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It’s Not Fort Sumter: Discover the significance of the “other” island in Charleston Harbor

It’s Not Fort Sumter: Discover the significance of the “other” island in Charleston Harbor
August 2021

Learn the long history of Shutes Folly and Castle Pinckney

Easily seen from The Battery, this property in Charleston Harbor is often mistaken for Fort Sumter. Deeded to Colonel Alexander Parris in 1711, the island came to be called “Shutes Folly” by the 1740s for the lush vegetation and grove of orange trees planted by its second owner, Joseph Shute. Because of its strategic location, the landmass has been fortified since the 1700s. Read on to discover more about the island and its inner harbor bastion, Castle Pinckney, now on the National Register of Historic Places and under the care of the Sons of Confederate Veterans

IN DEFENSE The island’s first fortification was built in 1742, a small earth and timber structure that saw action during the American Revolution. In 1797, a second, larger fort was built of logs and sand and named to honor General Charles Cotesworth Pinckney of Revolutionary War fame. After that fortress was destroyed by the hurricane of 1804, it was rebuilt—this time of bricks. What remains is seen on the island today.

SILENT SENTINEL Castle Pinckney is now owned by the Sons of Confederate Veterans, Fort Sumter Camp 1269, which works diligently to preserve the fort and its history. Representative flags are changed and raised with military precision.

WARNING! In the early 1700s, convicted pirates were hanged on the island, their bodies left on the gallows, a ghoulish but effective warning to visiting vessels that piracy was not allowed in Charles Town.

SEABIRD SANCTUARY In recent years, the island has gained a new importance as a much-needed haven for shorebirds. Brown pelicans and royal terns have built rookeries, thus the “no trespassing” signs erected to keep people from damaging the nests and hatchlings.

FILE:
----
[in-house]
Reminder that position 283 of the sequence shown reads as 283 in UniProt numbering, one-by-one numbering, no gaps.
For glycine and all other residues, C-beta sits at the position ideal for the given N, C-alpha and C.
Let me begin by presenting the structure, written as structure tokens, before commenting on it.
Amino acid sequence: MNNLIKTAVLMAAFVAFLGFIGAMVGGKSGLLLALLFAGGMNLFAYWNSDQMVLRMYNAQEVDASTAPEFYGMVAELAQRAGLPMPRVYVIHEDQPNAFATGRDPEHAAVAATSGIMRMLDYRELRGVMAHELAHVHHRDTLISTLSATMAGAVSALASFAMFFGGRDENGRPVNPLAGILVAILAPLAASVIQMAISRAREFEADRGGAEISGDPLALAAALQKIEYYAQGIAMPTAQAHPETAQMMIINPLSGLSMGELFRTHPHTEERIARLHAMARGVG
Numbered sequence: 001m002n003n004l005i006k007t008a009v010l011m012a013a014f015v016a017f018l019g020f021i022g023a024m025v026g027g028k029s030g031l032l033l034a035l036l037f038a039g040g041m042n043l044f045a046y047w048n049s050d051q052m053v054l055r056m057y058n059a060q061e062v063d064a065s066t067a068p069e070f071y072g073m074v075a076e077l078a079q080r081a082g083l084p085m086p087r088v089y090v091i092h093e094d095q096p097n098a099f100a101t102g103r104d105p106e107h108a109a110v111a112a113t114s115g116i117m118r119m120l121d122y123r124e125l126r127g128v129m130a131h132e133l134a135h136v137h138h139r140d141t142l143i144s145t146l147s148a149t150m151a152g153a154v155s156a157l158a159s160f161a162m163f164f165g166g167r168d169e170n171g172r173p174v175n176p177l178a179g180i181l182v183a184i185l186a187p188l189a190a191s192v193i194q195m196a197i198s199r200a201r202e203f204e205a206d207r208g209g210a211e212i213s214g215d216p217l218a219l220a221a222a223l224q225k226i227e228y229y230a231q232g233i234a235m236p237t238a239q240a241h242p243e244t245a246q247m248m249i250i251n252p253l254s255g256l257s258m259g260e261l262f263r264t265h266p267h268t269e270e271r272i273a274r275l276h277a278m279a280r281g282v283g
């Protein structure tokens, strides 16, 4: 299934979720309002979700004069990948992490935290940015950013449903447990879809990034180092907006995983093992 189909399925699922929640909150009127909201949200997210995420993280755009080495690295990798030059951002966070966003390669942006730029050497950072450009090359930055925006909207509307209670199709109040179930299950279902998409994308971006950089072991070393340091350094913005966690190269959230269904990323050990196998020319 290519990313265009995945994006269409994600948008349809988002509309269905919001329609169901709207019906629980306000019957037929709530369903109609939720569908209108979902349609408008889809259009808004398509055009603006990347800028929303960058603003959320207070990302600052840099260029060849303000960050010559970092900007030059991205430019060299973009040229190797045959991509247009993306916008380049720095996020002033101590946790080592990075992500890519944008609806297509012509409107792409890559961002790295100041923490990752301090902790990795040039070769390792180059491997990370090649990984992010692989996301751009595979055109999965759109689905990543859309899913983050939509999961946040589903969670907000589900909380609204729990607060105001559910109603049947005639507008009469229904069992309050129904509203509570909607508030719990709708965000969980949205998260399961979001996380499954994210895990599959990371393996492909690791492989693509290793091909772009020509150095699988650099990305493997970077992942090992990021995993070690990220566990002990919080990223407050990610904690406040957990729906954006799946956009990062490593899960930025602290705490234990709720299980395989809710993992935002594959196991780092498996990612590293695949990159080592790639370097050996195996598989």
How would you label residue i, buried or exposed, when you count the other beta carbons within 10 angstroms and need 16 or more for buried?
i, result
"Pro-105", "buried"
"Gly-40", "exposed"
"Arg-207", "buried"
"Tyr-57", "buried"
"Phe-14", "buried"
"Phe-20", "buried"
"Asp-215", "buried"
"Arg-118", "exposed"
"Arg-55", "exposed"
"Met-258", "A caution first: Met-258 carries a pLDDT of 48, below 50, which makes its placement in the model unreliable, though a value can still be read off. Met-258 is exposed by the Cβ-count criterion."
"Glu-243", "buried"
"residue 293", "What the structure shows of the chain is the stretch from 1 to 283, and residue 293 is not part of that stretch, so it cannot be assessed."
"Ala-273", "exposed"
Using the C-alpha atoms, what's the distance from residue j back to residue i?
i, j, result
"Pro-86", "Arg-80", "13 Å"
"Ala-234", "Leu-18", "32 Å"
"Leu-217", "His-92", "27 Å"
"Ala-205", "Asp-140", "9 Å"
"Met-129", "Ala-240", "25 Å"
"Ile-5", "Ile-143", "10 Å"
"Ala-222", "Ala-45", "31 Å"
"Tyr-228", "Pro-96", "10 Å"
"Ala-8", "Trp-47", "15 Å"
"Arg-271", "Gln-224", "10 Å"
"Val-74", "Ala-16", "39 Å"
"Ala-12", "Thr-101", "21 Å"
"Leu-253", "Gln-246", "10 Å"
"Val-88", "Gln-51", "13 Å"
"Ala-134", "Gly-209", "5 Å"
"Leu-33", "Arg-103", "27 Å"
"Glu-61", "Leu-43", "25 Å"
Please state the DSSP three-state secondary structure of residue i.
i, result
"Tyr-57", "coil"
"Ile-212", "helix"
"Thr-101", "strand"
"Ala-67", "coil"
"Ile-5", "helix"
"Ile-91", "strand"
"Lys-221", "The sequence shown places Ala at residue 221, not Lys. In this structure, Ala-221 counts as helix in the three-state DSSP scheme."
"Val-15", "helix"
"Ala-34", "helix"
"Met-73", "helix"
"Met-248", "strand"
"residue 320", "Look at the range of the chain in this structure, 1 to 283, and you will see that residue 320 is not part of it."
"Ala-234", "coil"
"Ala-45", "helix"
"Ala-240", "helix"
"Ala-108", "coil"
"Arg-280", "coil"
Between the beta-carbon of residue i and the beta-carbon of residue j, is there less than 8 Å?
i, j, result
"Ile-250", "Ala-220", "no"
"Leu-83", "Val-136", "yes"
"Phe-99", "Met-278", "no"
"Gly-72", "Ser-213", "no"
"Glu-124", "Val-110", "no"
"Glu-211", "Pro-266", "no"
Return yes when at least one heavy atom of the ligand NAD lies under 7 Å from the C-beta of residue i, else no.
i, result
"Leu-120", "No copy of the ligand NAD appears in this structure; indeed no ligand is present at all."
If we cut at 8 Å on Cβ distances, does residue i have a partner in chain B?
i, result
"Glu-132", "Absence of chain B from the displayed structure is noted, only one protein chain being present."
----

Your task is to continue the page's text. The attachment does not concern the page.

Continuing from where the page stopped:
WAR ZONE After South Carolina seceded and with war imminent, on December 27, 1860, Castle Pinckney was taken without incident by Southern troops and remained in Confederate hands for the ensuing four years. After the battle of First Manassas (Bull Run) in July 1861, 130 Union soldiers were imprisoned there for a month until they were exchanged. When the Union took over Charleston in February 1865, the fort was again used as a stockade, this time to hold captured Confederate blockade runners.

HARBOR LIGHTS In 1878, the structure was transformed into a light station, and a lightkeeper’s house and other support buildings were erected on the island. Although severely damaged in the 1911 hurricane, the light station remained active until 1917, when it was transferred to the US Corps of Engineers, which used the buildings for storage.

NOT RUN OF THE MILL In 1805, a portion of the island was purchased by Jonathan Lucas, the famed inventor of the steam-driven rice mill that revolutionized the Carolina Gold rice industry. Early maps show a building on the northern end of the island, likely where Lucas built a toll mill for public use.